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The Long Run - Extended Attributes from Tiger to Catalina (2)
Remember the Steve Gambit?
You'd basically have to be working at Apple - preferably not in the HIG but working with something substantial - to know the details of XA storage. An XA is bound to a file, but it is not part of the same file descriptor, so to speak. Its on-disk storage has to be separated in some way. Other APIs and file system rules have to be adjusted to accommodate them. Even if they're not part of a standard file data stream, and therefore not governed by the same rules, they have to adhere to those rules. Changing the XAs on a read-only file has to be verboten, for example. But where and how they're stored is another matter, a technical detail mostly kept out of the public domain by secretive Apple. But yes, there must be a hidden parallel stream.
Aside from a handful of exceptions that are likely going to disappear over time, XAs can be whatever you want. Often stored in XML (property list) format, they can contain anything you want, and are commonly named with a 'backwards Internet domain' nomenclature, such as 'com.apple.MyApplication'. Check your Preferences directory and you'll see hundreds of examples. Those XML attributes are often stored in binary XML format, which makes them unreadable for ordinary users, as was not the case with the original XML format.
Today we find XAs such as 'com.apple.rootless' with data such as the Unicode 'KernelExtensionManagement'. And 'SubmissionPolicy'. And 'bug_type'. And 'os_version'. And 'timestamp'. And they're all used, more or less, in an 'enhancement' type of way.
Then we have 'com.apple.quarantine'.
The Apple Quarantine - The Apple Walled Garden
Someone at Apple got the idea early on that a user environment could be likened to a garden, a garden with high virtually insurmountable walls, and that those walls could be used to control everything passing from the outside to the inside and back again. Early versions of this wall may have been implemented through software applications that interfaced directly with the web such as Mail and Safari, but today it's controlled from deeper down. Anything entering the system through known channels is slapped with a Quarantine decal. It's often said and often assumed that this decal wears off over time, but in reality that's simply not true. And the system is as thorough in this respect as possible. 'Archive Utility.app', used to unzip downloads, has dependencies such as the private framework PackageKit that are impregnated with extra code to keep a lookout for Quarantine XAs and slap the same decal on each and every file generated. (One may of course question the wisdom of such extravagance, but take first things first.)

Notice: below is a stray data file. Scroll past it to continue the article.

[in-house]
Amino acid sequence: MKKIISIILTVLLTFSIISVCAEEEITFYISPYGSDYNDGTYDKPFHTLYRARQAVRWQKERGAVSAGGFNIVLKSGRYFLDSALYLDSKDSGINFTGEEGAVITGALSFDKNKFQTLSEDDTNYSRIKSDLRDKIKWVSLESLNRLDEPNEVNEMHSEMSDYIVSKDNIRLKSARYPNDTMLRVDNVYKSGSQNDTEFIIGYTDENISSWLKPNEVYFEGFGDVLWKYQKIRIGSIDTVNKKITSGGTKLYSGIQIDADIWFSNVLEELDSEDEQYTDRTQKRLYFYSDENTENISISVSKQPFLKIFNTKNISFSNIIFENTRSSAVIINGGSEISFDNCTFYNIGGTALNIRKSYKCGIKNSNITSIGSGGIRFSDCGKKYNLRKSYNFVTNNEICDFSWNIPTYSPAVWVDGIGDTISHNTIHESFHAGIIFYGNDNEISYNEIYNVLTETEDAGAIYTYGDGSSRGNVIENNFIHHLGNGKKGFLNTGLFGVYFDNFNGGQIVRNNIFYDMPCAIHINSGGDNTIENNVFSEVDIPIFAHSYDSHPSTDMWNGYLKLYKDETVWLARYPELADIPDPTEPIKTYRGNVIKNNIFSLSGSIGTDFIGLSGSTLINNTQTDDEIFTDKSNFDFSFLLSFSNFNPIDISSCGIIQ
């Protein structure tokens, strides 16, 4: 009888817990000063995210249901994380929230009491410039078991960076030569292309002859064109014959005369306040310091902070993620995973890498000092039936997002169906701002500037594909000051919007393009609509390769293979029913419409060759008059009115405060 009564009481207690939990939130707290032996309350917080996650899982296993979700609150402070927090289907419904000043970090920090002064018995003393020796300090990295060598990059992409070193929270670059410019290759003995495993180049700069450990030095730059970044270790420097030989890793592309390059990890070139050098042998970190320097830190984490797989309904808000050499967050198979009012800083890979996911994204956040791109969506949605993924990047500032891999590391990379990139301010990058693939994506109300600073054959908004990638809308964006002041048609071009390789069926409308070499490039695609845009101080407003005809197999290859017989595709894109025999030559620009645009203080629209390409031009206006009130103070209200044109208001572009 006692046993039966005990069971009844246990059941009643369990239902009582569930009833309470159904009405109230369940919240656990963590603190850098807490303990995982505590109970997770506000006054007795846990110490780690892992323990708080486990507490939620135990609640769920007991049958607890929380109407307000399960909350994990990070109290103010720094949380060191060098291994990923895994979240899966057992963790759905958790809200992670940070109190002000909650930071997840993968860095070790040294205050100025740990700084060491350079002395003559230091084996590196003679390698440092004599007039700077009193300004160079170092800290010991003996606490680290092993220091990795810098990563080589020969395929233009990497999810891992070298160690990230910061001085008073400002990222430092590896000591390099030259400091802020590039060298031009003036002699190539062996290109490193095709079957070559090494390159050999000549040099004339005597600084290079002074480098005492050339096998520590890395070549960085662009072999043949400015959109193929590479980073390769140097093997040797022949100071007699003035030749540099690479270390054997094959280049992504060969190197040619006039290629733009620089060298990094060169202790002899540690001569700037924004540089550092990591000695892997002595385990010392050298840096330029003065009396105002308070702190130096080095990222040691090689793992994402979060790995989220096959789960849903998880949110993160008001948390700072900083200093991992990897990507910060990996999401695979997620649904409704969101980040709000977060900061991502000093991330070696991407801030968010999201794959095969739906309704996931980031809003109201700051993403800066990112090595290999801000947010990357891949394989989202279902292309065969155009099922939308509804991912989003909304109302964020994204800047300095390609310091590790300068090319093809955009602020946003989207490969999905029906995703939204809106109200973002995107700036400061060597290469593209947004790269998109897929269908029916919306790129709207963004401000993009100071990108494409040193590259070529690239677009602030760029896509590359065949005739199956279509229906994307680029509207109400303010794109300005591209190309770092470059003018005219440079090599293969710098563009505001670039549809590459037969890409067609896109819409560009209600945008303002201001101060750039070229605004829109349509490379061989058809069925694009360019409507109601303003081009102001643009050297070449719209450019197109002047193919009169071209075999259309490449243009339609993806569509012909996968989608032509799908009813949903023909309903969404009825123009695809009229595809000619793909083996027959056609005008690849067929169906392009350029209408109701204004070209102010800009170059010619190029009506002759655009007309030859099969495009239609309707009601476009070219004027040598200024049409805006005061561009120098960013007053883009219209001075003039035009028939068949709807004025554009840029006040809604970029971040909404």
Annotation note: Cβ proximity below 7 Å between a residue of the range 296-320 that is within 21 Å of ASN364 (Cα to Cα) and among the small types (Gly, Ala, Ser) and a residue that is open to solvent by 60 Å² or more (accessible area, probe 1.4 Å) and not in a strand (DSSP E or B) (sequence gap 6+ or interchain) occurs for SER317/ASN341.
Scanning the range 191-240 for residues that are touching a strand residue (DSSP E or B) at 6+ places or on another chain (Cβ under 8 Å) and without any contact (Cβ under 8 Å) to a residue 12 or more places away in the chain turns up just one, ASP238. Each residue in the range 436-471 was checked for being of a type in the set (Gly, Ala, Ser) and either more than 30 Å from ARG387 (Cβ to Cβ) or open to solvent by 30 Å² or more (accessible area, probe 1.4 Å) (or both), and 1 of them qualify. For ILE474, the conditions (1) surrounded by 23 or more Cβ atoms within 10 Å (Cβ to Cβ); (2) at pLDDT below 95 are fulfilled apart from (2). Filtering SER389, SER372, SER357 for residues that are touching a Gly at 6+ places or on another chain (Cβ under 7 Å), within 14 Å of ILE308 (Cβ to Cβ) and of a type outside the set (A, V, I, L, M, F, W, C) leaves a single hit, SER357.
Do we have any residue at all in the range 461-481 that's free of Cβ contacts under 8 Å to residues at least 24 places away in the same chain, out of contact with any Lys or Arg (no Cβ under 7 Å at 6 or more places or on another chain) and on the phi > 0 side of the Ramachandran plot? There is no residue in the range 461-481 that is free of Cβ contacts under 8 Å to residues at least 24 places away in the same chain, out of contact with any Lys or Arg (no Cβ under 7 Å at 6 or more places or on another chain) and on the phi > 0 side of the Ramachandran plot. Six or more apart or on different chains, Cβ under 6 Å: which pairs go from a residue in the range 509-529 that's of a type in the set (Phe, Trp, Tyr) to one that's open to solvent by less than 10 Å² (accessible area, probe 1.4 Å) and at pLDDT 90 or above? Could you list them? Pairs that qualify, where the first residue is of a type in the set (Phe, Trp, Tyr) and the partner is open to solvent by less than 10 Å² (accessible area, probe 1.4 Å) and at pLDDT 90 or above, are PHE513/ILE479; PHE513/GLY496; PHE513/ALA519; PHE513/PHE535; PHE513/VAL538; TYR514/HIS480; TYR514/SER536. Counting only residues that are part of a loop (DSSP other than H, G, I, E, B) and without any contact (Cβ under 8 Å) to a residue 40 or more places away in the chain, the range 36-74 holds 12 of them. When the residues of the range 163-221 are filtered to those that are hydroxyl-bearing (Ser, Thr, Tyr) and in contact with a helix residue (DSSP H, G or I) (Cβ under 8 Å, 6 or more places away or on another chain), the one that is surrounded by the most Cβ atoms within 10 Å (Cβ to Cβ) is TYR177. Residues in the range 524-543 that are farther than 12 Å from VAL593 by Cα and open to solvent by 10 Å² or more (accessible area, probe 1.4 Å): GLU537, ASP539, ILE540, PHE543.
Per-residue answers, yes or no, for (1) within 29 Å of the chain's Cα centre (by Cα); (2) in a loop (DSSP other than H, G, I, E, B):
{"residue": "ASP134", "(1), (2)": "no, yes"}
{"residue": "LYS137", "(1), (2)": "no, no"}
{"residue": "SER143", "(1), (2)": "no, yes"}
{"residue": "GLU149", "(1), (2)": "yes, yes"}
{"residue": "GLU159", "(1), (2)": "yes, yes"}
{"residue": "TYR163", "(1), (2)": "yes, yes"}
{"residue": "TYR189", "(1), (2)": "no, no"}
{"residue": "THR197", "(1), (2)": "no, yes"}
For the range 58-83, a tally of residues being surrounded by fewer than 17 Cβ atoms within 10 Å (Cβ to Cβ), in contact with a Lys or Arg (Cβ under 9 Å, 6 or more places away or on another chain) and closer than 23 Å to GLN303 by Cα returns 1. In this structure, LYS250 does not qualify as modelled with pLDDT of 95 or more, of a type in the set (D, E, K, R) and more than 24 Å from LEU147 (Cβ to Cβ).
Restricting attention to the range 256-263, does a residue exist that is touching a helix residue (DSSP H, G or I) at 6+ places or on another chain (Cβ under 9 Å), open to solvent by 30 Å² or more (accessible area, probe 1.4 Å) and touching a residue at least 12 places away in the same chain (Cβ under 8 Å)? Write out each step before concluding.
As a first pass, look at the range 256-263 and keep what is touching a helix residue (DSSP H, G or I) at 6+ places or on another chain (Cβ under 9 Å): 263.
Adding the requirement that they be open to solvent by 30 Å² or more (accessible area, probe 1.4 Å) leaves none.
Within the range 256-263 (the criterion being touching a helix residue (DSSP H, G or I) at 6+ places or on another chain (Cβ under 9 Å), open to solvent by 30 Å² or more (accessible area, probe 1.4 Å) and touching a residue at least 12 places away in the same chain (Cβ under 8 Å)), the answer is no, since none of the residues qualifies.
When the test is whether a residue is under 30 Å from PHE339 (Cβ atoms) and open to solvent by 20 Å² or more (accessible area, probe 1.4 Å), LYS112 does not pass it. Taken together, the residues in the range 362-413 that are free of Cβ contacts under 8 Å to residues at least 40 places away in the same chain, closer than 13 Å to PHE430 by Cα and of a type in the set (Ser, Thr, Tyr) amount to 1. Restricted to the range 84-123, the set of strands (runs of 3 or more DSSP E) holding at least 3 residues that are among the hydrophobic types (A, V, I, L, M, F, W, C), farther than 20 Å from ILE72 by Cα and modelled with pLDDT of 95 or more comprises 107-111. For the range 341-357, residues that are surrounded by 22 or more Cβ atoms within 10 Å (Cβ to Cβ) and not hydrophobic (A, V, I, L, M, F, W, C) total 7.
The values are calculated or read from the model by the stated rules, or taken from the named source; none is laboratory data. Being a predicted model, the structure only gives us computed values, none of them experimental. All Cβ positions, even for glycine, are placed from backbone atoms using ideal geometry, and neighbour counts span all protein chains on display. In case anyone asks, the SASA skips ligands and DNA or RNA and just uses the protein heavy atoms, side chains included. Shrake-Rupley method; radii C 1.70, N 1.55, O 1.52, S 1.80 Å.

Everything you get onto your system is supposed to be quarantined, meaning it's under observation, meaning it has to suddenly start behaving according to a new set of rules. And it's not just the stuff you download - it's also stuff you generate through so-called 'sandboxed' software. What are your sandboxed applications? Look in ~/Library/Containers. If you have a good file manager, you'll see that a lot of the stuff there (and there's more there than there are bugs on the Mother Ship) is actually symlinks to stuff outside the sandbox. And most if not all of the tens of thousands of files in there will be stamped as 'quarantined'.
The word 'quarantine' dates back to the 1520s, originally meaning 'period of 40 days in which a widow has the right to remain in her dead husband's house'. Yes, it derives from the Latin 'quadraginta', meaning 'forty', which in turn comes from 'PIE' (Proto Indo-European).
By the 1660s, it was used to denote the 'period a ship suspected of carrying disease is kept in isolation', this directly from the Italian 'quarantina giorni'. For Venice had the custom, starting in 1377, of keeping ships from plague-stricken countries waiting off its port for 40 days.
And the later extended sense of a period of forced isolation dates from the 1670s.
But Apple's quarantines never end. As if a suspicious seafarer is brought ashore after a while, yet somehow Venice has enough manpower to keep a spy tailing the new landlubber day and night. This of course is a lot cheaper and a lot easier for a computer company than it would have been for a Venetian doge.
Apple's Gatekeeper 'system' - it's a system rather than a single software module - is Apple's way of keeping things in permanent quarantine not just for forty days, but forever. It's no skin off Apple's back if trusted files and software never get completely 'cleared', their quarantine stamps removed. At the very worst, you're likely to upgrade your computer hardware to something faster, and that only benefits them, not you. Quarantine stamps never go away, not in practice, and certainly not after the customary forty days. They stay forever. You lose in that scenario.